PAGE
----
Herald: Kerala shadow looms large over tourism season
Herald News

Kerala shadow looms large over tourism season

31 Aug 2018 05:46am IST

Report by
VIBHA VERMA

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31 Aug 2018 05:46am IST

Report by
VIBHA VERMA

Experts, stakeholders urge authorities to check for violations by shack operators after licences have been granted

PANJIM: With unabated violations of the beach shack policy rampant along the tourism belt, environmentalists, ahead of the upcoming tourist season, fear a Kerala flood-like situation if the abuse of nature continues.

With the government determined to issue licences to beach shack operators by September 15 – a fortnight before the onset of the season – experts and stakeholders urge the authorities to watch for violations, particularly after licences have been granted.

“Violations are reported after shack licences are granted. Large sections of shack operators promise not to encroach into vegetation, sand dunes or come closer to the beach at the time of allocation of the area but, they resort to blatant violation thereafter. Uprooting of the vegetation, damage to the sand dunes, etc is become a routine every year. The entire eco-system is disturbed,” retired NIO scientist Antonio 

Mascarenhas said. 

Noted environmentalist Rajendra Kerkar shared a similar opinion citing the Kerala floods. “The government should ensure that environment is not impacted because the manner in which beachside activities are being held, is without understanding nature. This is the reason why shacks or any structure along the beach become victims of nature’s fury. If we don’t understand the changes around us then we have to face the loss and havoc,” he said warning, “The Kerala model was termed the best but it proved to be a total failure. Similarly, if we allow shacks in eco-sensitive areas then get ready to face the challenges of the nature.”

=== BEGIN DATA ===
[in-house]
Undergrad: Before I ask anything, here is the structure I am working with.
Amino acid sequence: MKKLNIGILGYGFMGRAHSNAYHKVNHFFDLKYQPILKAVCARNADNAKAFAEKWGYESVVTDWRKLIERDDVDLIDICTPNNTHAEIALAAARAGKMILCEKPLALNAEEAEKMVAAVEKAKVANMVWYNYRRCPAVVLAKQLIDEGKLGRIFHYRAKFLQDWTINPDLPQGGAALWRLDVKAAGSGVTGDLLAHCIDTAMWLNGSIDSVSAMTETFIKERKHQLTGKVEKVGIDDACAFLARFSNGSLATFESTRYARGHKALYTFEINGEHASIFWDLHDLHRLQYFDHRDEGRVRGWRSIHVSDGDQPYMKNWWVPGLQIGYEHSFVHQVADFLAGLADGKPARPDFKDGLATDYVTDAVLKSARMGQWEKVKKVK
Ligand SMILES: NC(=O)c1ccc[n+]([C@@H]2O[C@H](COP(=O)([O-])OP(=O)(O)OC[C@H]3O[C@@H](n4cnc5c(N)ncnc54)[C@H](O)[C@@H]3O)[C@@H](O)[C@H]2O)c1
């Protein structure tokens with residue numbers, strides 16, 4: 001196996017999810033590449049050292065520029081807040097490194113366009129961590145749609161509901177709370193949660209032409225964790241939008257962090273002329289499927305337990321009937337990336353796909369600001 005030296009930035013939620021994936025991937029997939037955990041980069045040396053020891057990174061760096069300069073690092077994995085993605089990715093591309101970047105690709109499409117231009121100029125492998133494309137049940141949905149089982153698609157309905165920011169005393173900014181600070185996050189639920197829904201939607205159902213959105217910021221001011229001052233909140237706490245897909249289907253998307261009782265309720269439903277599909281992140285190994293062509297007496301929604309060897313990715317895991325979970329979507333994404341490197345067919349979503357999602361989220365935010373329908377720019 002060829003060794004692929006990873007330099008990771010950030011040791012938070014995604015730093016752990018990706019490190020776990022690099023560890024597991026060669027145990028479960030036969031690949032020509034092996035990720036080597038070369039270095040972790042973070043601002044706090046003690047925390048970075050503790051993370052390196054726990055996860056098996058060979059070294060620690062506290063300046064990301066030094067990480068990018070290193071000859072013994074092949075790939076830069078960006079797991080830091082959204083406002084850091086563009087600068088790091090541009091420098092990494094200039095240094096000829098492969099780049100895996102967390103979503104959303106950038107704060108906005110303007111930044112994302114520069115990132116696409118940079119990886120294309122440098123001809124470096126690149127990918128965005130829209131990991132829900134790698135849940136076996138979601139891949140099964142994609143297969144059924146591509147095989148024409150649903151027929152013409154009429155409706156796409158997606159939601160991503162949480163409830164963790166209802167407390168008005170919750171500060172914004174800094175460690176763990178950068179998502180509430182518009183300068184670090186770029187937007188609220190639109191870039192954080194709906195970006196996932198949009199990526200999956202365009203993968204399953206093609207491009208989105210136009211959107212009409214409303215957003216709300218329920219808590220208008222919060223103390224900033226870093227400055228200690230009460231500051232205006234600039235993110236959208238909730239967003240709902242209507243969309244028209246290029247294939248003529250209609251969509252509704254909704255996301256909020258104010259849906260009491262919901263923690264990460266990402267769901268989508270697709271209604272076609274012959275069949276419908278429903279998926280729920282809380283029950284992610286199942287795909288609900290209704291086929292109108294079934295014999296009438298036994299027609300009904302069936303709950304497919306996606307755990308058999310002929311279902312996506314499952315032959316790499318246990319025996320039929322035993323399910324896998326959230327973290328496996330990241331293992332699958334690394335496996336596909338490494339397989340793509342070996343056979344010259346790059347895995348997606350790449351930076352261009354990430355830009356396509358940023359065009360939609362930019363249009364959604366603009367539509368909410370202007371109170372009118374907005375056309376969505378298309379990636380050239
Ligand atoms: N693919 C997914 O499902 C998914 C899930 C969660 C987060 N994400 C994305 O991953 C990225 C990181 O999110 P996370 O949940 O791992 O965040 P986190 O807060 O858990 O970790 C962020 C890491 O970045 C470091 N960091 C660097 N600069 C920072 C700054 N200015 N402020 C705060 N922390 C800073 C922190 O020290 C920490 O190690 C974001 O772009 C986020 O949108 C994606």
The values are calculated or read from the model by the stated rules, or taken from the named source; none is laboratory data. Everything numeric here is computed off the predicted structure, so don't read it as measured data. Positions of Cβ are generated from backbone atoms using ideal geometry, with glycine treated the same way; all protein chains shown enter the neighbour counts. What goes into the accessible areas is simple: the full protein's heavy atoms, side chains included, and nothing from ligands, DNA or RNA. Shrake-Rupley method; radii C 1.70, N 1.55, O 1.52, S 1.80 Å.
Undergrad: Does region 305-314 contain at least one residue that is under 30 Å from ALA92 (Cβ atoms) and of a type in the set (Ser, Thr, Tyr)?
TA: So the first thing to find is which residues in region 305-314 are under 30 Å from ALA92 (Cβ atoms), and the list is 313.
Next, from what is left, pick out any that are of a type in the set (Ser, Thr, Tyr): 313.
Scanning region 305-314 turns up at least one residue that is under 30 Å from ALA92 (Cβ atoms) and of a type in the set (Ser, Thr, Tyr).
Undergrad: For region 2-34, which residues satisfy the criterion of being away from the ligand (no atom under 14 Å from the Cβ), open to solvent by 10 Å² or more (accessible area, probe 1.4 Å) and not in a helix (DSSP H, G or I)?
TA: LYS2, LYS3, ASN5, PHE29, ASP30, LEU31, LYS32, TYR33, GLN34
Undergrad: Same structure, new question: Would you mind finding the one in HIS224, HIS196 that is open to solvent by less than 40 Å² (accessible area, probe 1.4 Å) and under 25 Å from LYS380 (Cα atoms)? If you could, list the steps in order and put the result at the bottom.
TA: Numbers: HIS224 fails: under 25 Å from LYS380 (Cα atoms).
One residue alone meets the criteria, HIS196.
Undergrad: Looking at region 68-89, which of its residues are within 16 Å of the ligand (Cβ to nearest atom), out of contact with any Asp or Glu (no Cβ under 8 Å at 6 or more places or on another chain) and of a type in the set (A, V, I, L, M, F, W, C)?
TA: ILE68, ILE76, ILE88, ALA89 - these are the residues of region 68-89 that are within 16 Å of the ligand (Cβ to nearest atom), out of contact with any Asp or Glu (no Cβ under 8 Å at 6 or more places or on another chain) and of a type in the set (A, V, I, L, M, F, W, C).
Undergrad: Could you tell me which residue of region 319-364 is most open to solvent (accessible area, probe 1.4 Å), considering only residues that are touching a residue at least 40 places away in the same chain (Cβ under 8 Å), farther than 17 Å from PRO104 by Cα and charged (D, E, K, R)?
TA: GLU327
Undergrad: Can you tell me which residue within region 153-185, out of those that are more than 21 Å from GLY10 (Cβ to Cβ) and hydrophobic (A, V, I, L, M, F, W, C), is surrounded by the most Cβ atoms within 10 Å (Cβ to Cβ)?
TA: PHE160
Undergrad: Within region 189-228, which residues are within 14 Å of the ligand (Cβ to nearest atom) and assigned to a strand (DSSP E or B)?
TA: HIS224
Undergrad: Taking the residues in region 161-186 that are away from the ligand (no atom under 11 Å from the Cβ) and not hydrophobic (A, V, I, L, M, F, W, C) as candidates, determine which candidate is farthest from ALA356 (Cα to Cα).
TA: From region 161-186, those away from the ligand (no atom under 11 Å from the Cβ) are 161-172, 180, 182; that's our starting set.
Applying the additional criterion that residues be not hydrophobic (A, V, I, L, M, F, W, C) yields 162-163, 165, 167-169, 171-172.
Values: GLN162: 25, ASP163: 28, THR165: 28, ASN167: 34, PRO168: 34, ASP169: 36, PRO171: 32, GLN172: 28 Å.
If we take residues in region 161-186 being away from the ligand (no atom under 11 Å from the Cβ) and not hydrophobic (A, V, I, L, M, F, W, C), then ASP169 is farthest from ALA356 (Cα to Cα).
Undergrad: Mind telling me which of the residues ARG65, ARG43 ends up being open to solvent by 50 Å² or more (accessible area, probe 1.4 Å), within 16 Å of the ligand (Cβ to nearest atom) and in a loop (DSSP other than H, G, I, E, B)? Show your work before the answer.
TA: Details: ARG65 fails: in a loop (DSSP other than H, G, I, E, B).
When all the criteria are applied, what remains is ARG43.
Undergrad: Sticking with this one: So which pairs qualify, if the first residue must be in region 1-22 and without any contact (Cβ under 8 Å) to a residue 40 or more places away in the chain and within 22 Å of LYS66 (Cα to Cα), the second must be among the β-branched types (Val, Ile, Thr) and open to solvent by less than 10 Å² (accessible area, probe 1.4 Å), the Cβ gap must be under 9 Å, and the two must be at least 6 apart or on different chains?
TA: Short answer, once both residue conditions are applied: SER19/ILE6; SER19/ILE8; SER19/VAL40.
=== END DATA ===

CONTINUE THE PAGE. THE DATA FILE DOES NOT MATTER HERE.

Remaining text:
Early this year a large number of shack operators suffered damage leading to losses running into several lakhs of rupees due to the rising water levels from the effect of the Ockhi cyclone. The partial destruction of the beach shacks brought to the fore Coastal Regulation Zone (CRZ) violations by some shack operators who later blamed the Goa Coastal Zone Management Authority (GCZMA) for not allocating shacks above the high tide line.

Mascarenhas has strongly recommended allocation of shacks on ‘dry beach’ with a setback of 3 metres in its rear wherein no sand dunes and/or vegetations are touched upon. Likewise, Kerkar too opined banning activity in eco -ensitive areas. 

One of the biggest tourism stakeholders Travel and Tourism Association of Goa (TTAG) has also backed regulated operations of the temporary structures with its president, Savio Messias, seeking scientific demarcation. “The location should be earmarked scientifically and keeping in mind the rules and regulations of the GCZMA and the Tourism Department. The government should also check that there are no violations after licences are granted to shack operators and that business is carried out from the designated areas only,” he stated. 

Conceding that some shack operators do violate the policy, Goa Traditional Shack Owners Association president Cruz Cardozo said it is for the authorities to keep vigil. “We have to and are ready to cooperate with the authorities,” he said. On the controversy over the allocation of shacks close to the beaches, he said the decision lies upon GCZMA and the Tourism Department. “Wherever it is possible! The allocation is as per GCZMA and Tourism Department. If nature reacts nobody can help, just as in the case of Kerala. Except for Cylone Ockhi we had no problem in the last many years,” he said, indicating that the shack operators would not mind continuing operating from the restricted zone.

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